Thursday, May 23, 2013

Rasputin and the Empress: A Review


When Barrymore Is So Much Less...

Rasputin and the Empress is unique in film history in that it is the only film where all three Barrymore siblings (John, Lionel, and Ethel) ever appeared in film together.  Given that, one would expect that all the stops be pulled to put them all together.  However, Rasputin and the Empress fails to give them much to do together despite both their collective talents and the sad tale of the Romanov's fall. 

For those who aren't familiar with history, here's a little primer.  Moscow 1913.  The Romanov (or Romanoff as it appears in the film) Dynasty celebrates their Tri-Centennial: Three Hundred Glorious Years as Czars of All The Russias.  The current Czar, Nicholas II (Ralph Morgan) and the Czarina Alexandra (Ethel Barrymore) think things are going well despite the secret they are hiding: that the Czarevitch Alexei suffers from hemophilia.  However, Prince Paul Chegodieff (John Barrymore) fears that revolution is in the air since the people's genuine grievances are being ignored.  Loyal to the Romanovs, Prince Paul is the only man of conscience in Mother Russia with noble rank.  He also is the Czarina's friend, especially when her German heritage is brought up.

As the Czarevitch runs the risk of death after a fall, in desperation at the urging of a lady-in-waiting, Princess Natasha (Diana Wynyard), the Czarina calls on Gregory Rasputin (Lionel Barrymore), a holy man who claims to have the power to heal.  Somehow, he is able to stop the heir's internal bleeding, instantly winning the trust of the Czarina.  However, Prince Paul is highly suspicious of Rasputin, in particular when he learns of his debauchery.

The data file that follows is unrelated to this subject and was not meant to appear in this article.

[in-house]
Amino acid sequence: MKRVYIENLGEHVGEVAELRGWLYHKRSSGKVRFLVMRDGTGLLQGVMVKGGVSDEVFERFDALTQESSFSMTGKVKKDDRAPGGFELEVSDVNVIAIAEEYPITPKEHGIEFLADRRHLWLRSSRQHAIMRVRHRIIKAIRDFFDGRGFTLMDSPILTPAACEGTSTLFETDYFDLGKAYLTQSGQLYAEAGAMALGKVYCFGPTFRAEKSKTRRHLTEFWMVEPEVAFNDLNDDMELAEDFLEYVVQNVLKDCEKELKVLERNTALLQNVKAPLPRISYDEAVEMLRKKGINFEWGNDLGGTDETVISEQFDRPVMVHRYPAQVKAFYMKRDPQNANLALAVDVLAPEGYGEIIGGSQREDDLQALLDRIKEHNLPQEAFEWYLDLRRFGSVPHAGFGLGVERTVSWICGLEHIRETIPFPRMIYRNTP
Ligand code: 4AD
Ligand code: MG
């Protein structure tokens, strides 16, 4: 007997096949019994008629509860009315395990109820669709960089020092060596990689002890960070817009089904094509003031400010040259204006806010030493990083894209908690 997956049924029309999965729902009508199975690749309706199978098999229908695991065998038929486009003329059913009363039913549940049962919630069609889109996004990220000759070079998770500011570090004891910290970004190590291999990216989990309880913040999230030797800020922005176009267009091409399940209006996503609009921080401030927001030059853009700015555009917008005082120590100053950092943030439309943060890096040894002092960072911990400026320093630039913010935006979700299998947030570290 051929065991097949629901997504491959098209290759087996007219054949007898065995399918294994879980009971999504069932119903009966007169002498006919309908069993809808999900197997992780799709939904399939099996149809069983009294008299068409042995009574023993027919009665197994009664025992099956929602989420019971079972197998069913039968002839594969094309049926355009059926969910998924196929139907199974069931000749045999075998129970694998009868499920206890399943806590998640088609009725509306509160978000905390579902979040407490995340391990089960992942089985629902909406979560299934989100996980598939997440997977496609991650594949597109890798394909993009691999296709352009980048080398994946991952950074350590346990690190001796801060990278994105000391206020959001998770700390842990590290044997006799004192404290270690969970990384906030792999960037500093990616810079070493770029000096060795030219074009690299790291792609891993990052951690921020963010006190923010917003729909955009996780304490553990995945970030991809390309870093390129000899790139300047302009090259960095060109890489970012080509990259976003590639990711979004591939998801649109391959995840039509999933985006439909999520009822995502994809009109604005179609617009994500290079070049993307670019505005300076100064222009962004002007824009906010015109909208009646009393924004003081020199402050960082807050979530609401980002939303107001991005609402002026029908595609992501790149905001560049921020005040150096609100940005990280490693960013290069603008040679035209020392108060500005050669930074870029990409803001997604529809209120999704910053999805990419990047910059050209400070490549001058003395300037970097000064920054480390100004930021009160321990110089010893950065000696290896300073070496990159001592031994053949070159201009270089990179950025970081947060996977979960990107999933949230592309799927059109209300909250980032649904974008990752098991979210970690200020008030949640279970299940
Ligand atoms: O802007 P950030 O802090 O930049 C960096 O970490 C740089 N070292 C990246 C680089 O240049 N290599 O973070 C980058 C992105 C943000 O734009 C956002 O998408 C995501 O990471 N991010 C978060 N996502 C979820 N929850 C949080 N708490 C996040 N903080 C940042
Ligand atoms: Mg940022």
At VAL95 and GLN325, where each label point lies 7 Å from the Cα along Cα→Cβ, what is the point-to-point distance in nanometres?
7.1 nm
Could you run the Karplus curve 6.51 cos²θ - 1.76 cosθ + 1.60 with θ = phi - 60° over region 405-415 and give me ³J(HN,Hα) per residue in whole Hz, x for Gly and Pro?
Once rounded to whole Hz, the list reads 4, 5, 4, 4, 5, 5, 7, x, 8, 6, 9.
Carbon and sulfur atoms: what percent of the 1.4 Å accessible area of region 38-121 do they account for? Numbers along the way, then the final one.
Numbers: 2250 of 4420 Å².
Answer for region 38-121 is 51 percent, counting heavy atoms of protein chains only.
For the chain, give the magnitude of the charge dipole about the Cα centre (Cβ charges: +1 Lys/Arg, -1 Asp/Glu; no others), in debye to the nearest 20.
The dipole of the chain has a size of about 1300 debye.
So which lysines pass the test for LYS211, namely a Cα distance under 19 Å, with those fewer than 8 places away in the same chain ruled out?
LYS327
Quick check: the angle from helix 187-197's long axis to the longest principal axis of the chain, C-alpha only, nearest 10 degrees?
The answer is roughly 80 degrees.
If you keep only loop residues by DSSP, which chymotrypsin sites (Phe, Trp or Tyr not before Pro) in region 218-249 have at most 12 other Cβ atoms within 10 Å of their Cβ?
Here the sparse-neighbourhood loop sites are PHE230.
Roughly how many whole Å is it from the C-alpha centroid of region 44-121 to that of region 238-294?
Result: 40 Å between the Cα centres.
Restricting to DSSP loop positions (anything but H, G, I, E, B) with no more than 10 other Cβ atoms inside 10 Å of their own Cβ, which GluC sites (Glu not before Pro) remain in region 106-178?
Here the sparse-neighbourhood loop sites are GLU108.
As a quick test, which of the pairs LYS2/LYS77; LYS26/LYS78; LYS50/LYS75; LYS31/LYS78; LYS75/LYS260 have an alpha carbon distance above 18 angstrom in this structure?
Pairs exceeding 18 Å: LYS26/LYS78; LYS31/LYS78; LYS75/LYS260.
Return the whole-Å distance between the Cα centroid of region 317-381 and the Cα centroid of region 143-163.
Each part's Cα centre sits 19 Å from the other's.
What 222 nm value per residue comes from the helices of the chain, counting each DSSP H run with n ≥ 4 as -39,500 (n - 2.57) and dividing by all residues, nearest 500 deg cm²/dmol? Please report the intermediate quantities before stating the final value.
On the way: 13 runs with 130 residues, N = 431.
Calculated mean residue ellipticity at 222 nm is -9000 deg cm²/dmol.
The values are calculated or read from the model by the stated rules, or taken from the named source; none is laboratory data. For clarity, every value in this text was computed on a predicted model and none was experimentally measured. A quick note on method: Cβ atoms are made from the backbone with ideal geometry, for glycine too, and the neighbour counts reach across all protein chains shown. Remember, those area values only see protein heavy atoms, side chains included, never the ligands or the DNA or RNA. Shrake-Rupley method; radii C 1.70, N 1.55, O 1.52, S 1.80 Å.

Rasputin soon begins to have greater influence over the Romanovs, down to making 'suggestions' of political appointees.  His own coven of attenders, made up of the elites and the lowest rung of society, along with his boorish behavior, appear to both shock and amuse the Russian nobility.  All this time though, the Romanovs are unaware of Rasputin's private activities and if someone at Court should even suggest something untoward about him, it is dismissed as the work of 'enemies'.

At one point, Rasputin appears to hold almost hypnotic power over Alexei, and when Prince Paul protests to the Czarina about this (if memory is correct, Rasputin gets the Czarevitch to bite his once good friend the Prince), Alexandra takes Rasputin's side over her friend.  However, Rasputin goes one too far when he appears to almost openly lust after one of the Grand Duchesses and is close to overpowering the once-loyal Princess Natasha.  The Czarina, shocked at what she witnesses, forces Rasputin out.

The Mad Monk still holds powerful friends, and it all comes down to a fateful dinner where Prince Paul attempts to assassinate him with poison cakes.  Despite one of them containing enough poison to kill many men, Rasputin takes many and still lives.  Paul is forced to shoot him down and somehow Rasputin is finally killed off.  However, comes sweeping in the Russian Revolution, and with that the violent end of the Romanov Dynasty.

Rasputin and the Empress is more than just bad history.  It's bad filmmaking, and that might be the bigger sin.  That is no reflection on the Three Barrymores for each of them was strong in their individual performances.  Lionel Barrymore makes the crazed Rasputin into the figure of total evil and greed.  His first appearance on screen is appropriately creepy and he maintains an almost egoistic view of himself as almost the true and legitimate ruler of all the Russias.  His brother John is the stoic and noble nobleman, one who is sympathetic to both the people and the monarchy.